One third of freshwater fish populations at risk of extinction

Published on February 25, 2021

Rivers, lakes and wetlands are among the most biodiverse places on earth. They cover less than 1 per cent of the planet’s total surface, yet they’re home to almost a quarter of all vertebrate species – including over half of all the world’s fish species. It’s an extraordinary fact: of 35,768 known species of fish, 18,075 – or 51 per cent – live in freshwater. And more are being discovered all the time, according to a new report published by 16 global conservation groups. But – nearly a third of the known freshwater fish populations are at risk of extinction, according to the report “The World’s Forgotten Fishes”.

This biodiversity is critical to maintaining not only the health of the planet, but the economic prosperity of communities worldwide.

About 200 million people across Asia, Africa and South America rely on freshwater fishes for their main source of protein, researchers said in the report. About one-third of those people also rely on them for their jobs and livelihoods.

Eighty freshwater species have already been declared extinct — 16 of them in 2020 alone.

“Nowhere is the world’s nature crisis more acute than in our rivers, lakes and wetlands, and the clearest indicator of the damage we are doing is the rapid decline in freshwater fish populations. They are the aquatic version of the canary in the coal mine, and we must heed the warning,” said Stuart Orr of the World Wildlife Fund, WWF.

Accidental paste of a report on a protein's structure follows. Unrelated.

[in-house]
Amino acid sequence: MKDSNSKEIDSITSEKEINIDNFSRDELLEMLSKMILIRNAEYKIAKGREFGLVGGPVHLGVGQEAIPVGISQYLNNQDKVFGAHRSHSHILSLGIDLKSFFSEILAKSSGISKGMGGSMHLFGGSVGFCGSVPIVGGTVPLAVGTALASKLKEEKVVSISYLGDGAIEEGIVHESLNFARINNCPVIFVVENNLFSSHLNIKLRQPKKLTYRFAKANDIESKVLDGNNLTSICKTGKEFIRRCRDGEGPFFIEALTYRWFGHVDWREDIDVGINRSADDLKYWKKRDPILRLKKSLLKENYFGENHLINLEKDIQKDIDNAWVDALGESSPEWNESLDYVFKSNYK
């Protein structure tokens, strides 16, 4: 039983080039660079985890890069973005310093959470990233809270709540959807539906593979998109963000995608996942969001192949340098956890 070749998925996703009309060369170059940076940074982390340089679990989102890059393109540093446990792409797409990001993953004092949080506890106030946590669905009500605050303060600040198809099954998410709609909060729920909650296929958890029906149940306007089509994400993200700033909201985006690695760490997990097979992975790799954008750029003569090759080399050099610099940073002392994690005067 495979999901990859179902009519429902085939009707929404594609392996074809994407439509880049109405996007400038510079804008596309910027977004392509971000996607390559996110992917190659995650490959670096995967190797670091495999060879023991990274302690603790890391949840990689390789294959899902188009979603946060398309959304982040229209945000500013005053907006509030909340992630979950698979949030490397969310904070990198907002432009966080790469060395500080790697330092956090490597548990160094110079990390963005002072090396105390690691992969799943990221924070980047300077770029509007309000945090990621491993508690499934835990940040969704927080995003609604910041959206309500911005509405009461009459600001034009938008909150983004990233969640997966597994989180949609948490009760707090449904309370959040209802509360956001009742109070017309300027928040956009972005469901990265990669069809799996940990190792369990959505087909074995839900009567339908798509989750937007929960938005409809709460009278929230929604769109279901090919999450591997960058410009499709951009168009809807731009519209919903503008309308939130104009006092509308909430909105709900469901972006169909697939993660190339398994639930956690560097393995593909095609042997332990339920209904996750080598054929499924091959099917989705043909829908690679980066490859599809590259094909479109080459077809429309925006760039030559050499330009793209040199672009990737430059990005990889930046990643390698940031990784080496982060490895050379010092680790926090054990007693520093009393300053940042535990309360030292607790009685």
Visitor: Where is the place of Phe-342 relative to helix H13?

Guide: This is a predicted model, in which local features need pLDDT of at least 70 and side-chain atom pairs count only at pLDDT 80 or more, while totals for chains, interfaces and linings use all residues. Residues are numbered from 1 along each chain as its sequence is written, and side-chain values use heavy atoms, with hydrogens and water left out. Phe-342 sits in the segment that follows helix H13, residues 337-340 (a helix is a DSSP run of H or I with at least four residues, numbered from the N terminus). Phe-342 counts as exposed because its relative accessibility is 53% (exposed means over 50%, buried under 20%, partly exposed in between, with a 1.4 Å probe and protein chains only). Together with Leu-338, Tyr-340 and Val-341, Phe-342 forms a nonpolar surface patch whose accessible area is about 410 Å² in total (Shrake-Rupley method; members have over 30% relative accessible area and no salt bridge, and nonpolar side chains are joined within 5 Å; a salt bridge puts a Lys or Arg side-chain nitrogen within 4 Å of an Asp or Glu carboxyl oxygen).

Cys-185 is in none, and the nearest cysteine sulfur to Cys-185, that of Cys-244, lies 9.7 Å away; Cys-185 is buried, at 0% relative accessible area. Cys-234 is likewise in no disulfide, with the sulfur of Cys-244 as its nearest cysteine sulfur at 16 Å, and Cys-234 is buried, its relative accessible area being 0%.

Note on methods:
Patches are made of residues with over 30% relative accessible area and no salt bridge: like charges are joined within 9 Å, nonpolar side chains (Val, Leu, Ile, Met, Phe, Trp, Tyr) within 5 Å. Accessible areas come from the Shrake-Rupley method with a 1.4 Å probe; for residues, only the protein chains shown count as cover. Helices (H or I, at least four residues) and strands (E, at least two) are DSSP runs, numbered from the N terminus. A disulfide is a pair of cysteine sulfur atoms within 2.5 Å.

“Despite their importance to local communities and indigenous people across the globe, freshwater fish are invariably forgotten and not factored into development decisions about hydropower dams or water use or building on floodplains. Freshwater fish matter to the health of people and the freshwater ecosystems that all people and all life on land depend on. It’s time we remembered that”, Orr continued.

Migratory species have dropped by more than three-quarters in the last 50 years. The European Eel used to make up the largest biomass of all freshwater fish species in Europe, but is now listed as critically endangered by the IUCN.

Source: Bending the Curve of Global Freshwater Biodiversity Loss: An Emergency Recovery Plan

The organisations behind the report call on governments to take action and implement an Emergency Recovery Plan for freshwater biodiversity based on six pillars: to allow rivers to flow naturally, improve water quality, protect and restore critical habitats, end overfishing and unsustainable sand mining, curb invasive species and remove obsolete dams. By committing to this plan, they say, countries can enhance the health of their rivers, lakes and wetlands –and secure the future of their fish and fisheries.

The recovery plan is echoed in the 5th edition of the Global Biodiversity Outlook (GBO-5), produced by the Convention on Biological Diversity (CBD) on behalf of its Parties. The 15th CoP under the CBD had to be post-poned last year, but it will take place in the second quarter of this year in Kunming, China. The monumental meeting will adopt a post-2020 global biodiversity framework, working towards the 2050 Vision of “Living in harmony with nature”.